How to Avoid a Cash-Flow Disaster

If there is one surefire thing that can stop a business dead in its tracks, it would be problems with cash-flow. If your cash reserves run dry, you’ll be left scrambling to find a way to pay your employees, keep current with vendors, and stay out of default on larger debts and loan.
The worst part about this type of problem isn’t that it happens to businesses all of the time, but these cash-flow disasters are often avoidable through preventative preparation and planning.
Know How Much Cash You Have Access To
Being a small-business owner means having to keep up with a myriad of constantly-changing facets of your company. But undoubtedly, one of the most important things that you should always be up-to-date with is your company’s cash reserves. Not only will always knowing how much money you have access to help in catching and averting cash flow disasters early, but it will also allow you to make well-informed decisions much more easily in a much more prompt fashion.
Consider External Billing Solutions
Many leads of small companies think that handling billing and accounts receiving in-house is the smartest decision for an organization of that size – but this isn’t always true. For small companies who have just a few people soliciting, receiving, and processing payments (or even worse, no dedicated employees), it’s easy for a small interruption in billing to turn into a serious cash-flow issue. Consider moving your billing to an external company who can ensure that no unexpected troubles with your staff or office will get in the way of you getting paid.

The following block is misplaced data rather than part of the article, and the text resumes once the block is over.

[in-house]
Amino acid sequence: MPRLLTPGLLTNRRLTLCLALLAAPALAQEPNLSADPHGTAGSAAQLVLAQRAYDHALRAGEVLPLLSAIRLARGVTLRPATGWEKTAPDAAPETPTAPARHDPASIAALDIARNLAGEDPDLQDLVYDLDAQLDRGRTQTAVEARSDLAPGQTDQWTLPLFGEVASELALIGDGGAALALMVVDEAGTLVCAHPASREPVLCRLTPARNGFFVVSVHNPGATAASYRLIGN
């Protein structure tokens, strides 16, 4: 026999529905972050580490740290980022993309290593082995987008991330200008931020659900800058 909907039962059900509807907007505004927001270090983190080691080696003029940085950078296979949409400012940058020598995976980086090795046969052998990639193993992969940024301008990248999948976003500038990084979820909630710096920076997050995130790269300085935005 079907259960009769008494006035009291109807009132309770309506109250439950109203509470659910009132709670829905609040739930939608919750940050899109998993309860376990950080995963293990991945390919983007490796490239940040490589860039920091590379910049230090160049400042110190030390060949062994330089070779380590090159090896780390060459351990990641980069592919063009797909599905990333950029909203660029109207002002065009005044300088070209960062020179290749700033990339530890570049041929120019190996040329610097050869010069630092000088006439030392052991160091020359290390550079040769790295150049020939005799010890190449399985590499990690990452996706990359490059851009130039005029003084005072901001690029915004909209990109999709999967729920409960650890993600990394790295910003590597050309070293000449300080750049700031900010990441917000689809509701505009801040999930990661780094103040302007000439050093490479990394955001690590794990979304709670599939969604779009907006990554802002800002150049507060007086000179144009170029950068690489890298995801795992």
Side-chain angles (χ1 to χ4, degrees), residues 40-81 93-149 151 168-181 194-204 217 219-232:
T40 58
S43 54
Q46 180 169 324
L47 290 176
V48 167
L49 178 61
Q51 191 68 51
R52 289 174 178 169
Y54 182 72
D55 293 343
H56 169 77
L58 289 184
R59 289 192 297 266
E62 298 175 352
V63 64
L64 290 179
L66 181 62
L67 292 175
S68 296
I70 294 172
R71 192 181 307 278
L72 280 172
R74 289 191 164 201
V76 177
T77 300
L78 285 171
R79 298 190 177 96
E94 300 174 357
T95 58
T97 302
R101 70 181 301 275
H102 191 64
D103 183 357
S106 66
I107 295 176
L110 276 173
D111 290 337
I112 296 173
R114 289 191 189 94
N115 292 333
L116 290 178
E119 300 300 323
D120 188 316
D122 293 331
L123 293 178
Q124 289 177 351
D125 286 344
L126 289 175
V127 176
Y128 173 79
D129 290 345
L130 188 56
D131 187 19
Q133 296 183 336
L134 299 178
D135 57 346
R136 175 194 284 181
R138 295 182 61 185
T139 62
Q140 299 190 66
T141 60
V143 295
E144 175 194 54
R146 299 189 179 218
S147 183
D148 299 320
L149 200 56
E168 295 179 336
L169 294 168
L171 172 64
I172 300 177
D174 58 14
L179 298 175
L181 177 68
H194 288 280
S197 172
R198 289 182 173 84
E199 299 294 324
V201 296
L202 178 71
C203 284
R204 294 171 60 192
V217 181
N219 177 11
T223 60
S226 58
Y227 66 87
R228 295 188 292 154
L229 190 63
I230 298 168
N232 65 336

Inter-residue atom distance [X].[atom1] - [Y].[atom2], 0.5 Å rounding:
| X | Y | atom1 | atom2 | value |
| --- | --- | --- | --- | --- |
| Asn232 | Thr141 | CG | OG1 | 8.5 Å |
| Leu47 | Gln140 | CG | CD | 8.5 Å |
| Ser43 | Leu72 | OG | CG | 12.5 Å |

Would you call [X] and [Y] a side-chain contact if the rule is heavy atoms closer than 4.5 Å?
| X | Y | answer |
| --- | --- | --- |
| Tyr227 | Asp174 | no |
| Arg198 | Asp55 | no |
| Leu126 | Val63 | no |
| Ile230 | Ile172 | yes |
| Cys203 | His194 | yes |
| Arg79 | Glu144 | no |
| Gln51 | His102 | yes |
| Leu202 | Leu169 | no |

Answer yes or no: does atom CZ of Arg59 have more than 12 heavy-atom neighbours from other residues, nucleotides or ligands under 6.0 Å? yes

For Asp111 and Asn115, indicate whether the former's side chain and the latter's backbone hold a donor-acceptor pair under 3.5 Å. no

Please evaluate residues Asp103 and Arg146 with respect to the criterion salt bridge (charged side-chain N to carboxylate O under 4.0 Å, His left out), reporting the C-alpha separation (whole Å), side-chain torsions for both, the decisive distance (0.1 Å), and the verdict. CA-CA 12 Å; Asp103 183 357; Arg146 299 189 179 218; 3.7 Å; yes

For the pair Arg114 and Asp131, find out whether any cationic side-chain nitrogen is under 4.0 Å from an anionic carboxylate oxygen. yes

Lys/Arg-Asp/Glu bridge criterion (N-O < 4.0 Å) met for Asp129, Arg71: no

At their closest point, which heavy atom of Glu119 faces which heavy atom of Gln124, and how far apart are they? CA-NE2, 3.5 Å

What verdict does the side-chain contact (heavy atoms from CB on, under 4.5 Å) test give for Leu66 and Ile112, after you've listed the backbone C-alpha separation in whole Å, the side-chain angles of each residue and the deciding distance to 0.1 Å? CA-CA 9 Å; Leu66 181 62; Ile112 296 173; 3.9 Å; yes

Re-Examine Your Fixed Expenses
It’s not always unexpected expenses that can cause cash-flow issues. Sometimes, it’s simply a case of failing to manage fixed and regularly reoccurring bills and obligations – especially during periods of slower sales. One great way to help disaster-proof your business is to always be re-examining your company’s fixed expenses, and look for anywhere that you can trim a little excess fat. On top of finding it easier to weather periods of weak business, you’ll notice a pleasant extra addition to your bottom line while business is going well.
Always Have a Backup Plan
Even if you are constantly reviewing your balance sheet, implementing error-eliminating billing solutions, and shrinking your fixed expenses to the bare minimum, you can’t always fully protect yourself from a cash-flow disaster. Sometimes, thing are simply going to go wrong – and when they do, it’s important that you have a backup plan in place to save the day. Being prepared ahead of time lets you better survey your options, and make a better and less frantic choice of what to do in the event you wind up running into problems. Potential backup options to look into include establishing a line of credit with a lender, setting aside your own personal funds for an infusion, and having potential partners willing to purchase a share of your business.
A small business’ cash-flow is extremely dynamic – it’s always changing and can even vary greatly from day to day. This, combined with the fact that most small businesses don’t have the resources to survive a financial disaster, means that you should always be monitoring for cash-flow problems early and taking steps to reduce expenses and ensure you’re being paid in a timely manner. In reality though, not all cash flow disasters are avoidable, making it even more important that you make sure you have a backup plan in place as a last resort.


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